Manufacturers, Dealers Seek Consumer Insights Into Selling EVs

As new electric models are released, the dealer-manufacturer partnership gains importance.

Alysha Webb, Contributor

June 10, 2024

3 Min Read
Dealers need to understand the consumer and the vehicle to successfully sell EVs, experts say.Getty Images

Editor’s note: This is the second of a two-part report on how manufacturers' relationships with dealers boost EV sales.

EV education and training for dealers is especially important to boost EV adoption because dealers are “highly influential” in the EV sales process, Stephanie Valdez Streaty, director of industry insights at Cox Automotive, tells WardsAuto.

Third-Party Help

Rhonda Jensen, general manager of Bowman Chevrolet in Clarkston, MI, says the manufacturer cannot be solely responsible for boosting EV sales: “The dealership has to buy in.”

That can include third-party help to boost EV sales. For example, the National Automobile Dealers Assn. (NADA) offers brand-agnostic EV sales training to its dealer members. An NADA spokesperson says it consulted with dealers about the course content before the launch.
Two-way communication between manufacturers and dealers is crucial when new technology comes to market, says Rebecca Lindland, senior director of industry data and insights at says third-party providers such as provide direct consumer feedback to manufacturers and dealers. Consumers can also give feedback on their dealer experience on the site.“What we are providing to all three parties is information on what the consumer is shopping for, what price points they are shopping for, and the fastest-selling new and used EVs in the marketplace,” Lindland says.
Matching Supply and Demand

As we’ve reported, in-depth information on shopping habits is becoming more important as more EV models come to market, especially because consumer interest in buying an EV may be waning. That could primarily be due to a slowdown in Tesla sales, say industry experts.
According to Urban Science, a leading global automotive consultancy and technology firm, in the first four months of 2024, sales of battery-electric vehicles in the U.S. rose 2.8% compared to the same period in 2023. In that period, Tesla sales fell 13% year-on-year while non-Tesla BEV sales rose 33%.Consumer interest in EVs also varies widely by state. The Alliance for Automotive Innovation says EVs accounted for 25.71% of all sales in California in 2023, the top state. At the bottom was North Dakota, at 1.28% of sales.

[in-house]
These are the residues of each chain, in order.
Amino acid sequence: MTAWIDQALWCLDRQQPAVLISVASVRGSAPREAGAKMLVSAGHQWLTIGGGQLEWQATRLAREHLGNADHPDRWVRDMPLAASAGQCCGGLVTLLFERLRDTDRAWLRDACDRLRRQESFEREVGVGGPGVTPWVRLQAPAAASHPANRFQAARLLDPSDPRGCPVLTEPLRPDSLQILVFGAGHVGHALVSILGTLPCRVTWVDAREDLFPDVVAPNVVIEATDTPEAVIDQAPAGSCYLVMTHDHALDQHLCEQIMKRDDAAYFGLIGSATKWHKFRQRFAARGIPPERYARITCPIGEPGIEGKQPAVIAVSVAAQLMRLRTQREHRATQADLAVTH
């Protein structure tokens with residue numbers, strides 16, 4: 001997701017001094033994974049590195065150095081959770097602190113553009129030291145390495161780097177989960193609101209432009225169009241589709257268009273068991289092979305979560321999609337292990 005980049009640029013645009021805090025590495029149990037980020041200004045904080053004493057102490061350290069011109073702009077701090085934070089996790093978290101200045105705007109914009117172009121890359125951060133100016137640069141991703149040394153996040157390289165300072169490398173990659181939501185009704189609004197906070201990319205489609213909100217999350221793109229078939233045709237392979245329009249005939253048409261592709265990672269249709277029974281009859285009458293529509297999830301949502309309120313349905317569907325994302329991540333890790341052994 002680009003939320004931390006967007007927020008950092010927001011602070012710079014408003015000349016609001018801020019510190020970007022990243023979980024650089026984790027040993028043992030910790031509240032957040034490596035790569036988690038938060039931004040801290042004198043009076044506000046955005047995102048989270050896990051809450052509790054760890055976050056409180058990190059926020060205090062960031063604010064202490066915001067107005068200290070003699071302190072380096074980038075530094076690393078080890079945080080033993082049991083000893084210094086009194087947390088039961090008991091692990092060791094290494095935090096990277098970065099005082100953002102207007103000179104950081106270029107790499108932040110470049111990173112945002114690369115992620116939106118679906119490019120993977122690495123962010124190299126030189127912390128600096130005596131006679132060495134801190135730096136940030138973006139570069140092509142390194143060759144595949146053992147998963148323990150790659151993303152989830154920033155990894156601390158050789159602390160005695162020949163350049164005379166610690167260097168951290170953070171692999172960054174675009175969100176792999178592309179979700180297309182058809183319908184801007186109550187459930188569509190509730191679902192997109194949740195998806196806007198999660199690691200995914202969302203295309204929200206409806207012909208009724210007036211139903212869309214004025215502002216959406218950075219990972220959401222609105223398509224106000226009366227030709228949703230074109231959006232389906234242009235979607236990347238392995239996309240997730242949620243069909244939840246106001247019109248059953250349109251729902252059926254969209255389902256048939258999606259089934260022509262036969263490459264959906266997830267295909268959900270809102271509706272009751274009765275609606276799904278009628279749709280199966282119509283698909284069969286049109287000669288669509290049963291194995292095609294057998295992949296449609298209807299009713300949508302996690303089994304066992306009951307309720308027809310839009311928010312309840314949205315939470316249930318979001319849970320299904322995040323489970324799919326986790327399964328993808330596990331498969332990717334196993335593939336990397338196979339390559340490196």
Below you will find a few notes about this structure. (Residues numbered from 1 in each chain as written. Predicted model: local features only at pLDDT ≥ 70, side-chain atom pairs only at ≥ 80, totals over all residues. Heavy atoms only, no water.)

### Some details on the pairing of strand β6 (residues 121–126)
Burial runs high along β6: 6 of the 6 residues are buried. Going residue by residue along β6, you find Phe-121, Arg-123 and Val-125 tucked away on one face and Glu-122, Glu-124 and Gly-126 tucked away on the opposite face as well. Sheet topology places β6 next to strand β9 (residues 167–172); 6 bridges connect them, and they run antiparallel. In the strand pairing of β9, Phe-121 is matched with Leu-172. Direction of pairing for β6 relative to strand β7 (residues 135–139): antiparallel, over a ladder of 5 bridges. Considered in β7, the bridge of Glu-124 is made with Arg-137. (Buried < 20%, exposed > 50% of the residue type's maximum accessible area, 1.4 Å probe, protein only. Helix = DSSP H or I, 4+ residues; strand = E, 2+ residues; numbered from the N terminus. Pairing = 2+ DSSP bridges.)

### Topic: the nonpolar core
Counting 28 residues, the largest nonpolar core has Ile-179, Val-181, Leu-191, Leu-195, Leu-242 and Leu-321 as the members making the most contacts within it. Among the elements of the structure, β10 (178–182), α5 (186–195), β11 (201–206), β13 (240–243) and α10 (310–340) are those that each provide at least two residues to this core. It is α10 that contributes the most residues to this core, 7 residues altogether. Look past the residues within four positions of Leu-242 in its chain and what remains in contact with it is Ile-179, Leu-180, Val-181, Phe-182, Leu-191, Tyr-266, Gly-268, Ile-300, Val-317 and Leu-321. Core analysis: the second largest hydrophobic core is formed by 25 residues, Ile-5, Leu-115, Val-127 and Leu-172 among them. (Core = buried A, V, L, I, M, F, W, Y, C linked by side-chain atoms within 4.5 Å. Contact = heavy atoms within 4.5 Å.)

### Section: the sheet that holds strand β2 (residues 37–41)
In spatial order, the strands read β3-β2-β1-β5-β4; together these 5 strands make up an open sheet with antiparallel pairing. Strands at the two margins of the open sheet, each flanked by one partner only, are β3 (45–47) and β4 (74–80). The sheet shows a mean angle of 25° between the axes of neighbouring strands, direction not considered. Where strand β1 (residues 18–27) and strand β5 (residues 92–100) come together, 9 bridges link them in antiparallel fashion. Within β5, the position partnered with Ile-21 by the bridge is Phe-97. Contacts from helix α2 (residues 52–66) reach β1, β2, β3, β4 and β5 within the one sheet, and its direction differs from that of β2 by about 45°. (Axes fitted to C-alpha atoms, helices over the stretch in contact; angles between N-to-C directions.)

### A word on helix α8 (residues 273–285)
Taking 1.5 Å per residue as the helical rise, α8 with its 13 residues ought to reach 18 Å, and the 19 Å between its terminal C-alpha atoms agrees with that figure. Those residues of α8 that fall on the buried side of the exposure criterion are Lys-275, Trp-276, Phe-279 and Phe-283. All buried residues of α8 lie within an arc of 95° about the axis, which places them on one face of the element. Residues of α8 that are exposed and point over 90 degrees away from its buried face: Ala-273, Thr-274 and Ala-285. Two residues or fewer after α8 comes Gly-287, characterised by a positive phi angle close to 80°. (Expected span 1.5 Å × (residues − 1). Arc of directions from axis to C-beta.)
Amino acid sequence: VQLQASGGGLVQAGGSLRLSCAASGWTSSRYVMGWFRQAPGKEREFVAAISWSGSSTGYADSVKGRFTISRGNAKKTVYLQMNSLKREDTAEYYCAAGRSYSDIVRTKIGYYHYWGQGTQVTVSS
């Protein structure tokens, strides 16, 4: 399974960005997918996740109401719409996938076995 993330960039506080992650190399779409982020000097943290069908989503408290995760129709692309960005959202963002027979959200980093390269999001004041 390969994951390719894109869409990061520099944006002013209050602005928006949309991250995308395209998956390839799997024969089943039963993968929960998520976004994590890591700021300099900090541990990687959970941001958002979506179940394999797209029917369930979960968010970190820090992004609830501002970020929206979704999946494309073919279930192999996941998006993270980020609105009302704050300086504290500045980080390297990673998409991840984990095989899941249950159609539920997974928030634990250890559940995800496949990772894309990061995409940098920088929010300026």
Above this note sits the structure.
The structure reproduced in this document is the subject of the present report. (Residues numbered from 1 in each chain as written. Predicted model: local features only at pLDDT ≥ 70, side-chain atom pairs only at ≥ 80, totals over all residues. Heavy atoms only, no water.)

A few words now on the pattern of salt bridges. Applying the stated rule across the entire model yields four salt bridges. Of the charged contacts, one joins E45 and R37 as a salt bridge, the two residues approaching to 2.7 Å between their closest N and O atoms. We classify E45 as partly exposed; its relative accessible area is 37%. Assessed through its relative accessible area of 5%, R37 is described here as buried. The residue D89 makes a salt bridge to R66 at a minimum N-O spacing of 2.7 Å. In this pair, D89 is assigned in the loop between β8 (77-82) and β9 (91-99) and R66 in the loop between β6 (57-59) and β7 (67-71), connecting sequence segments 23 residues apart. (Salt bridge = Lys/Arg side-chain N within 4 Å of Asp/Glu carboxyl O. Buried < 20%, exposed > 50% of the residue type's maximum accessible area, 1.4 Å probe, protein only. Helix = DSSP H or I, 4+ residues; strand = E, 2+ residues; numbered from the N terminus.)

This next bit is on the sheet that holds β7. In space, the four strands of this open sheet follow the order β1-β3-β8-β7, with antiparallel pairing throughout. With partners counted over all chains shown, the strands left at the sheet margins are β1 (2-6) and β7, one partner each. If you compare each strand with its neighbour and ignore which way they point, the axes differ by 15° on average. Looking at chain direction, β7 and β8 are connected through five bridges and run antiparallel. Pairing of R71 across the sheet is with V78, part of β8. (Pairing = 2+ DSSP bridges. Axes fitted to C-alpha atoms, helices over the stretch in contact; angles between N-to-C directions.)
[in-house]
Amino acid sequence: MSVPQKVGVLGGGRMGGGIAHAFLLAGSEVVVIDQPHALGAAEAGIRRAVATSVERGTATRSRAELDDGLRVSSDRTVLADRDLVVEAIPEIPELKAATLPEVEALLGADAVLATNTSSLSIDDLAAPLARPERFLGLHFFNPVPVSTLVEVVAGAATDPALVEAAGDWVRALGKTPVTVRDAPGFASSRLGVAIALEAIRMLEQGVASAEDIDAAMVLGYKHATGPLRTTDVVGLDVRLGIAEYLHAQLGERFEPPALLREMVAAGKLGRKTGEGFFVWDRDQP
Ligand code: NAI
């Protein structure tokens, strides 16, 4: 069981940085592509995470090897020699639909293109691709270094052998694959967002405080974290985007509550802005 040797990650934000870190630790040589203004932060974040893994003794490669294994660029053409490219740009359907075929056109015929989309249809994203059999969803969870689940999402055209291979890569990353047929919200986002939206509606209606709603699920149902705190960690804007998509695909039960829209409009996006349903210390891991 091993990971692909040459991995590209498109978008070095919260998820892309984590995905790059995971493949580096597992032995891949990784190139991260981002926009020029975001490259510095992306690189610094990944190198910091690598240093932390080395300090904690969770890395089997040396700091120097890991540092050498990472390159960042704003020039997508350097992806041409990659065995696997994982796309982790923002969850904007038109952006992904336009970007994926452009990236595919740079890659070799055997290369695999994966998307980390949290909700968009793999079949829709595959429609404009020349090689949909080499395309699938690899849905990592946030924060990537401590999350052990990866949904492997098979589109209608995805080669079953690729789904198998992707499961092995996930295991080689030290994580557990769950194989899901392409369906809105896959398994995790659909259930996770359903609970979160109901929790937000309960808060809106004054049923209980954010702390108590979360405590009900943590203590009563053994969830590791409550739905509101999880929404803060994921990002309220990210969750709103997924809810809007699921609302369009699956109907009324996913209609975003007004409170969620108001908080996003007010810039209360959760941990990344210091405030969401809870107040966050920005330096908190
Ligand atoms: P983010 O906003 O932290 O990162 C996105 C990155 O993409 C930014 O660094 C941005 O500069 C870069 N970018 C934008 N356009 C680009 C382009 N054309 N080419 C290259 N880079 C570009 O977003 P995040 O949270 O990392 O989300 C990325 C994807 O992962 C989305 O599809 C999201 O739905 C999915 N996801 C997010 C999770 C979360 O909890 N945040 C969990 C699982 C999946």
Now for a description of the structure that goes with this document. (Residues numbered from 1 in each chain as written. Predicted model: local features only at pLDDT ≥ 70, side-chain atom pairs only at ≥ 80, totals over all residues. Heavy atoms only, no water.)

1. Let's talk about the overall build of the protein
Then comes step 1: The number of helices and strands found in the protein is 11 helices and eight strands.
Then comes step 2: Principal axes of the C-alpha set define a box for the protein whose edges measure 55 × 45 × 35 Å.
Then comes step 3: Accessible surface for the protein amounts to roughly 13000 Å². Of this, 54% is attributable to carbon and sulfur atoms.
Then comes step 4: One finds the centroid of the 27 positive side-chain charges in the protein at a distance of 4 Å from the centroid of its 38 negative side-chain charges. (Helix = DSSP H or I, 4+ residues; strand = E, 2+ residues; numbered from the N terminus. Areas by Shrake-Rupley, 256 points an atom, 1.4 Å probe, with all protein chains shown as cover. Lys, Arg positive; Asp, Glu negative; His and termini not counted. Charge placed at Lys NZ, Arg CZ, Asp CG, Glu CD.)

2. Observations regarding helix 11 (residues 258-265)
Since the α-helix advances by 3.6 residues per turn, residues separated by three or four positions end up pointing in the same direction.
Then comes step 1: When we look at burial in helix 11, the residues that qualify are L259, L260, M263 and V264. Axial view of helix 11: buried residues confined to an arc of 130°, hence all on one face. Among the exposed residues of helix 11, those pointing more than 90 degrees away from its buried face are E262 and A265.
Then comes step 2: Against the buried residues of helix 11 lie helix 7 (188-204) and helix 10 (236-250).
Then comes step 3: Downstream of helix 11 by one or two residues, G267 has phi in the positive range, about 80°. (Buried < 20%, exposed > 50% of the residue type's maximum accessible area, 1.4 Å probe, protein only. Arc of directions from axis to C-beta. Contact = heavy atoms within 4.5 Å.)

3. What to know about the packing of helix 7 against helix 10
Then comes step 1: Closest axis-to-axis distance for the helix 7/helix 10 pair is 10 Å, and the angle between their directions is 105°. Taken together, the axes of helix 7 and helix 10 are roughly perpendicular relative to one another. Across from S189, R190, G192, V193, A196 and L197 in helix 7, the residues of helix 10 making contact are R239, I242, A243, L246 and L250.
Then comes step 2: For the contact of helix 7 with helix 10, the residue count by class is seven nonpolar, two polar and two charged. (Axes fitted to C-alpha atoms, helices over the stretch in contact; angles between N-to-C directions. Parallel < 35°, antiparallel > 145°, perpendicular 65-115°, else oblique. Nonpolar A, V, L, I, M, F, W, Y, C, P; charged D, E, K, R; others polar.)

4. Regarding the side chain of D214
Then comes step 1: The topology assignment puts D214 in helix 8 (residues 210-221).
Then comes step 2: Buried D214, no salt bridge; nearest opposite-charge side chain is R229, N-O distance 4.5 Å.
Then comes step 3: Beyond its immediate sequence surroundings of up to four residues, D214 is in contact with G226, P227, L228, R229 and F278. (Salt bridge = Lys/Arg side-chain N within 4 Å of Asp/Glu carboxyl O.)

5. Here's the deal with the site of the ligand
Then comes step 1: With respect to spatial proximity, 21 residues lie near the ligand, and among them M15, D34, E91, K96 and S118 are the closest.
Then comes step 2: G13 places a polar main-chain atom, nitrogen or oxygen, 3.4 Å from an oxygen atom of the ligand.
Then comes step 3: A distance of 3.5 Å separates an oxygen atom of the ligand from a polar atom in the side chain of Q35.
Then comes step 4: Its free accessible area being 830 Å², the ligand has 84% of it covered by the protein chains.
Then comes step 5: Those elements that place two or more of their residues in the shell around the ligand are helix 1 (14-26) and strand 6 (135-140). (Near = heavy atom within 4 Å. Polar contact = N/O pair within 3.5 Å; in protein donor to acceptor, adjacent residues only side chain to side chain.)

Kia notes such trends.
“We are starting to be very concentrated about where and how we are distributing EVs to our dealers,” says Eric Watson, vice president of sales operations for Kia Motors America.
Kia dealer Matthew Phillips, dealer principal at Car Pros Automotive Group, tells WardsAuto, “Product mix and balance is always a challenge, but Kia has done a better job of it than some.”
Getting Dealership Staff Into EVs
Making it easier for dealership staff to have an EV as a daily driver is one area where manufacturers could do better, dealers say.
Driving an EV gives sales staff the knowledge to explain aspects of ownership. That is often the best sales tool, dealers say.
Chevrolet doesn’t have specific programs to get dealership employees into EVs, but Bowman Chevrolet has made EV ownership “make sense” for its employees, Jensen says.
She says she, general sales manager Joe Jackson and many of the dealership managers and staff drive EVs. “That is the best training," she says.

At Car Pros, “I am a big fan of people driving what they sell, especially with the charging aspect,” says Phillips, who drives a bright yellow EV6 and an ivory EV9. 

Kia doesn’t have an employee lease special, but it does have a demo program. Under that, all Car Pros management and staff have taken an EV home for a few days, Phillips says.Car Pros’ Glendale, CA, Kia dealership is the country’s No.1 Kia dealer, he says, adding, “more than 20% of our monthly sales are electrified."

About the Author(s)

Alysha Webb


Based in Los Angeles, Alysha Webb has written about myriad aspects of the automotive industry for more than than two decades, including automotive retail, manufacturing, suppliers, and electric vehicles. She began her automotive journalism career in China and wrote reports for Wards Intelligence on China's electric vehicle future and China's autonomous vehicle future. 

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